Foundation has to be laid if plea of false implication is made. In such cases, 5 the court has to adopt a careful approach and analyse evidence to find out whether it is cogent and credible.

7.     In Dalip Singh and Ors. v. The State of Punjab (AIR 1953 SC 364) it has been laid down as under:- "A witness is normally to be considered independent unless he or she springs from sources which are likely to be tainted and that usually means unless the witness has cause, such as enmity against the accused, to wish to implicate him falsely. Ordinarily a close relation would be the last to screen the real culprit and falsely implicate an innocent person. It is true, when feelings run high and there is personal cause for enmity, that there is a tendency to drag in an innocent person against whom a witness has a grudge along with the guilty, but foundation must be laid for such a criticism and the mere fact of relationship far from being a foundation is often a sure guarantee of truth. However, we are not attempting any sweeping generalization. Each case must be judged on its own facts. Our observations are only made to combat what is so often put forward in cases before us as a general rule of prudence. There is no such general rule. Each case must be limited to and be governed by its own facts."

8.     The above decision has since been followed in Guli Chand and Ors. v. State of Rajasthan (1974 (3) SCC 698) in which Vadivelu Thevar v. State of Madras (AIR 1957 SC 614) was also relied upon.

9.     We may also observe that the ground that the witness being a close relative and consequently being a partisan witness, should not be relied upon, has no substance. This theory was repelled by this Court as early as in Dalip Singh's case (supra) in which surprise was expressed over the impression which prevailed in the minds of the Members of the Bar that relatives were not independent witnesses. Speaking through Vivian Bose, J.

it was observed:

"We are unable to agree with the learned Judges of the High Court that the testimony of the two eyewitnesses requires corroboration. If the foundation for such an observation is based on the fact that the witnesses are women and that the fate of seven men hangs on their testimony, we know of no such rule. If it is grounded on the reason that they are closely related to the deceased we are unable to concur. This is a fallacy common to many criminal cases and one which another Bench of this Court endeavoured to dispel in - `Rameshwar v. State of Rajasthan' (AIR 1952 SC 54 at p.59). We find, however, that it unfortunately still persists, if not in the judgments of the Courts, at any rate in the arguments of counsel."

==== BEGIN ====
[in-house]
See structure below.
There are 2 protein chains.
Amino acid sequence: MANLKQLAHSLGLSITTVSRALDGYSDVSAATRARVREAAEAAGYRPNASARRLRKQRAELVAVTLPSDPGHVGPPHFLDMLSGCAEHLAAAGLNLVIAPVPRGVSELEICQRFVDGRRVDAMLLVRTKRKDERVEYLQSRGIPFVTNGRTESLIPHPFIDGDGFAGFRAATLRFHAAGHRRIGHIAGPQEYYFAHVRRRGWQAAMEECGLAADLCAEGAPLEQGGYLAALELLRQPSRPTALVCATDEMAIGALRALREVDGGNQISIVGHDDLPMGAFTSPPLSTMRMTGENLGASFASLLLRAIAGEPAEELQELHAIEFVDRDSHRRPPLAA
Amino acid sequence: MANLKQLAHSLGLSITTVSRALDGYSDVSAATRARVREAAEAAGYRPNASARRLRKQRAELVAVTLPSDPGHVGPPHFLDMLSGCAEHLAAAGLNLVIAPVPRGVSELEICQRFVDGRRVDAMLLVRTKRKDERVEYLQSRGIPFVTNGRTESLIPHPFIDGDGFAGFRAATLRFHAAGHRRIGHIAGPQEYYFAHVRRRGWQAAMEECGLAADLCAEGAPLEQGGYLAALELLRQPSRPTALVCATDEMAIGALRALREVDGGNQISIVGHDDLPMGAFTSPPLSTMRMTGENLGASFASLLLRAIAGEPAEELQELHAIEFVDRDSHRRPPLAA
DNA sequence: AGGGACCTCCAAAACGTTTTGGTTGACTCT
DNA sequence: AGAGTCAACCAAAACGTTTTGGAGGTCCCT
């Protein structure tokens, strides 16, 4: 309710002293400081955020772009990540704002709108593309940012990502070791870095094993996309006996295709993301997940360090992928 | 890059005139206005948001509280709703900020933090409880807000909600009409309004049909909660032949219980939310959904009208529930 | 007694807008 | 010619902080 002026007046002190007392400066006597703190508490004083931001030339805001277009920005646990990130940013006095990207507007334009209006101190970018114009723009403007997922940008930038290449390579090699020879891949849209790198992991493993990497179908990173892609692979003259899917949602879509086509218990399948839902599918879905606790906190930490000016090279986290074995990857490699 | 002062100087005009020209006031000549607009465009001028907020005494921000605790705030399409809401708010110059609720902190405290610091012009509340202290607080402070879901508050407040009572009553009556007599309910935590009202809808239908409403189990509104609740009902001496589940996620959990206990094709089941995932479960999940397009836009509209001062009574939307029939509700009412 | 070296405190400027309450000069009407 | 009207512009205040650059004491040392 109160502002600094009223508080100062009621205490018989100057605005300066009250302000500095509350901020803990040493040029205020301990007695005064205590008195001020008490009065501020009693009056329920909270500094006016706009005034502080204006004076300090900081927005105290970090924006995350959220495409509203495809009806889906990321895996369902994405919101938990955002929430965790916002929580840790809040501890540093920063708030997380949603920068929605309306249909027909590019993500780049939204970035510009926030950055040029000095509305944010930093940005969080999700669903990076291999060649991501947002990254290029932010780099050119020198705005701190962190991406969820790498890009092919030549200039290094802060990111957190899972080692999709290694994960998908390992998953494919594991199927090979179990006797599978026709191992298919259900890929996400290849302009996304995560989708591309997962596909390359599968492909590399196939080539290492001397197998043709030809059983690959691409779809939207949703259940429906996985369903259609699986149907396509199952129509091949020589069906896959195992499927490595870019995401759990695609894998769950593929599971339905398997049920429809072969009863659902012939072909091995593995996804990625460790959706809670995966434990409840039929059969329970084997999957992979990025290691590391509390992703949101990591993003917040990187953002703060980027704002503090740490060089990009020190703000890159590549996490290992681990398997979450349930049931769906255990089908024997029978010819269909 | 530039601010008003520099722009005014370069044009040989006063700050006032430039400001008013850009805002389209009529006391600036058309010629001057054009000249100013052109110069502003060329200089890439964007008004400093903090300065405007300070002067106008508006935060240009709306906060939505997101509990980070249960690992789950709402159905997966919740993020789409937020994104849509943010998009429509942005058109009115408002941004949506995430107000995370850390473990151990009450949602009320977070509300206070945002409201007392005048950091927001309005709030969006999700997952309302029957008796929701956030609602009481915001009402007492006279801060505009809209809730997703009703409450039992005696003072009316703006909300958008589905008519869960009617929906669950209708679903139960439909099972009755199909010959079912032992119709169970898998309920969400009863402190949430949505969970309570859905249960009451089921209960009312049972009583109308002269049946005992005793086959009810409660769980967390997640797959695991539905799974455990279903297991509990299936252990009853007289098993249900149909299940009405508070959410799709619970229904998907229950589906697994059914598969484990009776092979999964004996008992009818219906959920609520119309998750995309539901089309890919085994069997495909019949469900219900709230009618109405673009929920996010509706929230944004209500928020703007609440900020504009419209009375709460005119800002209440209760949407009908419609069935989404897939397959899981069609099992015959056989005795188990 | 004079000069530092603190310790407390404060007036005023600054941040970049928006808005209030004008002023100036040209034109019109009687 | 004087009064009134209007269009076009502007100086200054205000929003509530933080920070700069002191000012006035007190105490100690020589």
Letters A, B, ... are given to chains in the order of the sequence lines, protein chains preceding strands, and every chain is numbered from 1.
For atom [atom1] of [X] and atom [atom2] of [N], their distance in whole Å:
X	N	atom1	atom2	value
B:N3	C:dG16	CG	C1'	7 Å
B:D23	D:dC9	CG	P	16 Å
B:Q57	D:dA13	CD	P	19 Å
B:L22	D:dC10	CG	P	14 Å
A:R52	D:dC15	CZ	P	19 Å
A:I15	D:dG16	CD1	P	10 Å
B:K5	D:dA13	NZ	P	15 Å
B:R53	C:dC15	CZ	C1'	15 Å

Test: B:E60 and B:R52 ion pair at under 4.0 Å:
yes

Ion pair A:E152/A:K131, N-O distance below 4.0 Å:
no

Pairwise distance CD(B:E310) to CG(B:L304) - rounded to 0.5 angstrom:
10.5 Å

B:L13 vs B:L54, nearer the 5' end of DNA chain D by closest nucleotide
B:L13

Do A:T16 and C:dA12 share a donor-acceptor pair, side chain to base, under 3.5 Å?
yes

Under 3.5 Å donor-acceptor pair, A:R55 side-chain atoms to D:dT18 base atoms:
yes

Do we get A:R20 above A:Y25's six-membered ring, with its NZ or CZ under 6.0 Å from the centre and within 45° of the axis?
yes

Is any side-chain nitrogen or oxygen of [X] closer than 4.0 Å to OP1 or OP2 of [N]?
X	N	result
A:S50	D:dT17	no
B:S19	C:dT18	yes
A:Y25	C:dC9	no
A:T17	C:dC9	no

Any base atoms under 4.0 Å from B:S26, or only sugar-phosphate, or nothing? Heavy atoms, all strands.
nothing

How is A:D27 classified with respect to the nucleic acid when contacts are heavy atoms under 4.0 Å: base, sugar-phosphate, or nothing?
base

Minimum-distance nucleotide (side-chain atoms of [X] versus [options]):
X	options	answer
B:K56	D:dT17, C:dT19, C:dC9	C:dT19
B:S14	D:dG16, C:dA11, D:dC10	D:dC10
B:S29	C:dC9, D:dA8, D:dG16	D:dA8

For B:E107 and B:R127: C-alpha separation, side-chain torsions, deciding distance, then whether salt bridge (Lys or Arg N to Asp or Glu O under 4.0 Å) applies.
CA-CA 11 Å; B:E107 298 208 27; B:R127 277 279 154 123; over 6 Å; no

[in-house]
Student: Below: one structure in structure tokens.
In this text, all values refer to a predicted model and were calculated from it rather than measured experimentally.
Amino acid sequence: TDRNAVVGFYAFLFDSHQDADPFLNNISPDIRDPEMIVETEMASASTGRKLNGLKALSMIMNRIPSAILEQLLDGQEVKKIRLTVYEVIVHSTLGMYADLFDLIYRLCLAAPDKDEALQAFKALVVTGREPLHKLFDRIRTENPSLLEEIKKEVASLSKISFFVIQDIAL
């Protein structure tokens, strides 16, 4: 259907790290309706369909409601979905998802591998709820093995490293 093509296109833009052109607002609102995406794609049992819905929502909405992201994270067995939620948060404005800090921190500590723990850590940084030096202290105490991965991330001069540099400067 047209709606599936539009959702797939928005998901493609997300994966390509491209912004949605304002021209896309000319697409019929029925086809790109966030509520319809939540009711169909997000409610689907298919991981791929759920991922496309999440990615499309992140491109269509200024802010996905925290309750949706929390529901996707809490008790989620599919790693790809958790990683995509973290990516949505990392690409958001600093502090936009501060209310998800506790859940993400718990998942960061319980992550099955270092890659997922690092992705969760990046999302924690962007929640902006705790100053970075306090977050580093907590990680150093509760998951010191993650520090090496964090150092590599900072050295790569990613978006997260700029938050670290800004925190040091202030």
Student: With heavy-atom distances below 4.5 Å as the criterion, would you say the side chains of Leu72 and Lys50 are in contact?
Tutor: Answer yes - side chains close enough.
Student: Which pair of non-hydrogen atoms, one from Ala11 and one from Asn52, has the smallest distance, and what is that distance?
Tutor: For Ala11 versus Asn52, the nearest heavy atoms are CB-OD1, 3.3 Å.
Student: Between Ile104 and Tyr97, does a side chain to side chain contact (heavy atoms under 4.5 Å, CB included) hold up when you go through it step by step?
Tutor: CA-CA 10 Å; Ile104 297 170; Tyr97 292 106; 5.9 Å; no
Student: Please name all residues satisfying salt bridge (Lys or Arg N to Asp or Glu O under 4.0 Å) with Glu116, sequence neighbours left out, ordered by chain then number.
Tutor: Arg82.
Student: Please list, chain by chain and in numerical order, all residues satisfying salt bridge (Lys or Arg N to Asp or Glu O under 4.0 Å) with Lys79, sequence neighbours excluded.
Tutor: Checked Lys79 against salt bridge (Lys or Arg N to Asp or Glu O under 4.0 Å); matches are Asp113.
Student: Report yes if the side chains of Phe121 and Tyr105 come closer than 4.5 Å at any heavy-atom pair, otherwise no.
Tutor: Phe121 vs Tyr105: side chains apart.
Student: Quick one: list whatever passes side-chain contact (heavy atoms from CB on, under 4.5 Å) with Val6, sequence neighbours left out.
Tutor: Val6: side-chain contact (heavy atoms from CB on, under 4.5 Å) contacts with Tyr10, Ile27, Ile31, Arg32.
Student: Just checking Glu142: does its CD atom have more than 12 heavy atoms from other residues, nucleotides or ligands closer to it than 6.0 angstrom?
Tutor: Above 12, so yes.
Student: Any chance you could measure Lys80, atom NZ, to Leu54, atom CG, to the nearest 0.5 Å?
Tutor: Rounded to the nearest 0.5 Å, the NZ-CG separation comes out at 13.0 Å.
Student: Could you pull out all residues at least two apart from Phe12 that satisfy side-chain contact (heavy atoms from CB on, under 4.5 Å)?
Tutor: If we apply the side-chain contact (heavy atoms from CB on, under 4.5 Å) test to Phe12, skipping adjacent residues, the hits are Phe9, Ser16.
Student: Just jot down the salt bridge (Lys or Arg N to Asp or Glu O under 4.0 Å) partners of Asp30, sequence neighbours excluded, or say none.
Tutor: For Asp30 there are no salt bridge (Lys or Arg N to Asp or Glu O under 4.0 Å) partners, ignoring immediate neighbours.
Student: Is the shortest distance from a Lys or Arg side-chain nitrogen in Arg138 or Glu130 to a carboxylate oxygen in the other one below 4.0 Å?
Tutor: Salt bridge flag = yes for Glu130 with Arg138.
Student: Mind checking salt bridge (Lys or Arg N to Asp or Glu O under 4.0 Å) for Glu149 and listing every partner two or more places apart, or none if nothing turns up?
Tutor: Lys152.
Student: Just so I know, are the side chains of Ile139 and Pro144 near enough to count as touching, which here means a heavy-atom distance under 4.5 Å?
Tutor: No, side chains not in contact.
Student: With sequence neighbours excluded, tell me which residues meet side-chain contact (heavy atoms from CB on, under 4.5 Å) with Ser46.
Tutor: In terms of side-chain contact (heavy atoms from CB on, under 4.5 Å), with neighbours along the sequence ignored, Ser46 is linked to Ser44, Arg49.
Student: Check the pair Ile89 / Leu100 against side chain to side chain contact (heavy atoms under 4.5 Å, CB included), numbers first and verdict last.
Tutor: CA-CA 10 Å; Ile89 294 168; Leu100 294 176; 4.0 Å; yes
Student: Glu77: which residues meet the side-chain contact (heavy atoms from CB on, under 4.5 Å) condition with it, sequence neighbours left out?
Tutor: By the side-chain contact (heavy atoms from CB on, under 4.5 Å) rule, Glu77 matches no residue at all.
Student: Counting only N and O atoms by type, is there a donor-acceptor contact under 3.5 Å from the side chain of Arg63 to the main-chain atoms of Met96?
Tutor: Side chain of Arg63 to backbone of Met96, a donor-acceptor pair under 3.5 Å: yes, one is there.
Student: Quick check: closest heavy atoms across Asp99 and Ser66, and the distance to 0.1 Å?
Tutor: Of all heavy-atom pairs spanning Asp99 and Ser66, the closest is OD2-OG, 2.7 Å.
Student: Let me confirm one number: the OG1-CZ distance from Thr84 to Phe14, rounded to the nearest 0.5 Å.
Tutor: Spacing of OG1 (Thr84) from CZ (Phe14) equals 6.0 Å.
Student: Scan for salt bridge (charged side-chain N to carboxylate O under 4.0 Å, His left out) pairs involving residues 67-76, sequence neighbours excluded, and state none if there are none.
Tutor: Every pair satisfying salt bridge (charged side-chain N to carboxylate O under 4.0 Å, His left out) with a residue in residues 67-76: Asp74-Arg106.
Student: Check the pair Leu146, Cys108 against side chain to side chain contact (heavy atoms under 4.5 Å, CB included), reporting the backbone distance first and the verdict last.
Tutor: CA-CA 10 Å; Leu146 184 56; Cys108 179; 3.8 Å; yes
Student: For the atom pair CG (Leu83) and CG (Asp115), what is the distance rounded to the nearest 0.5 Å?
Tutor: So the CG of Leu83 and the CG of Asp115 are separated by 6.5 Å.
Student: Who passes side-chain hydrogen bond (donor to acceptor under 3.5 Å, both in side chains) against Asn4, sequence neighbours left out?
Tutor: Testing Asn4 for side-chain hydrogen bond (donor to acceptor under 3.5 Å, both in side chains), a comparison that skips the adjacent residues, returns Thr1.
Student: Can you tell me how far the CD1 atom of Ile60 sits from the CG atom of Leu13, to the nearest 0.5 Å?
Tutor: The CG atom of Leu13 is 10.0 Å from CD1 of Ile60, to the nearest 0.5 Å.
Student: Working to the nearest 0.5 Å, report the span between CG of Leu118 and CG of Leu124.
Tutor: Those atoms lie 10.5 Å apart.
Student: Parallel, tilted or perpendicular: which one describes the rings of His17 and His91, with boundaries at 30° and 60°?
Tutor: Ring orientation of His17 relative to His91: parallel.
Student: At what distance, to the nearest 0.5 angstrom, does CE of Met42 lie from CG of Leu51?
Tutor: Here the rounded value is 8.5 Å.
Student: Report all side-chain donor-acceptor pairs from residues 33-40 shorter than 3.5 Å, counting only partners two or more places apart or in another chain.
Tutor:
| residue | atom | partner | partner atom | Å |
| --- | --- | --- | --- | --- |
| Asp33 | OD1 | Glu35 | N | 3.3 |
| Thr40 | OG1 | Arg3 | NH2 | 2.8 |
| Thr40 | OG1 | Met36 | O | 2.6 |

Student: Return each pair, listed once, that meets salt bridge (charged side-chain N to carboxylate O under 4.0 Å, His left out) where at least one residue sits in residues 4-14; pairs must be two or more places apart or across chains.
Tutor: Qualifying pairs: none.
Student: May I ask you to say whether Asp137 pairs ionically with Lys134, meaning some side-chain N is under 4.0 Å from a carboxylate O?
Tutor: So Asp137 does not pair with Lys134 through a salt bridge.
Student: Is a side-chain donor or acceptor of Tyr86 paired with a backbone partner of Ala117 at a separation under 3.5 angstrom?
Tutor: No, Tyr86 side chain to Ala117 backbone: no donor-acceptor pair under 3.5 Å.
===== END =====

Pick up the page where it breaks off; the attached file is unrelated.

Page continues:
10.  Again in Masalti and Ors. v. State of U.P. (AIR 1965 SC 202) this Court observed: (p. 209-210 para 14):

"But it would, we think, be unreasonable to contend that evidence given by witnesses should be discarded only on the ground that it is evidence of partisan or interested 7 witnesses.......The mechanical rejection of such evidence on the sole ground that it is partisan would invariably lead to failure of justice. No hard and fast rule can be laid down as to how much evidence should be appreciated. Judicial approach has to be cautious in dealing with such evidence; but the plea that such evidence should be rejected because it is partisan cannot be accepted as correct."

11.  To the same effect is the decisions in State of Punjab v. Jagir Singh (AIR 1973 SC 2407), Lehna v. State of Haryana (2002 (3) SCC 76) and Gangadhar Behera and Ors. v. State of Orissa (2002 (8) SCC 381).

12.  The above position was also highlighted in Babulal Bhagwan Khandare and Anr. v. State of Maharashtra [2005(10) SCC 404], Salim Saheb v. State of M.P. (2007(1) SCC 699) and Sonelal v. State of M.P. (SLP (Crl.) No.3220 of 2007 disposed of on 22.7.2008).

13.  In this case though one pellet was recovered and there was only one injury. But that does not on the facts of the case take the offence out of the purview of Section 302 IPC. It cannot be laid down as a rule of universal application that when there is one shot fired, Section 302 IPC is ruled out. It would depend upon the factual scenario, more particularly, the nature of weapon, the place where the injury is caused and the nature of the injury. In the instant case it has been clearly established that the accused aimed at the head of the deceased and fired the shot which hit him on his head and that too was fired from a close range.

14.  Above being the position the applicable offence is Section 302 IPC.

We do no find any merit in this appeal which is accordingly dismissed.

........................................J. (Dr. ARIJIT PASAYAT)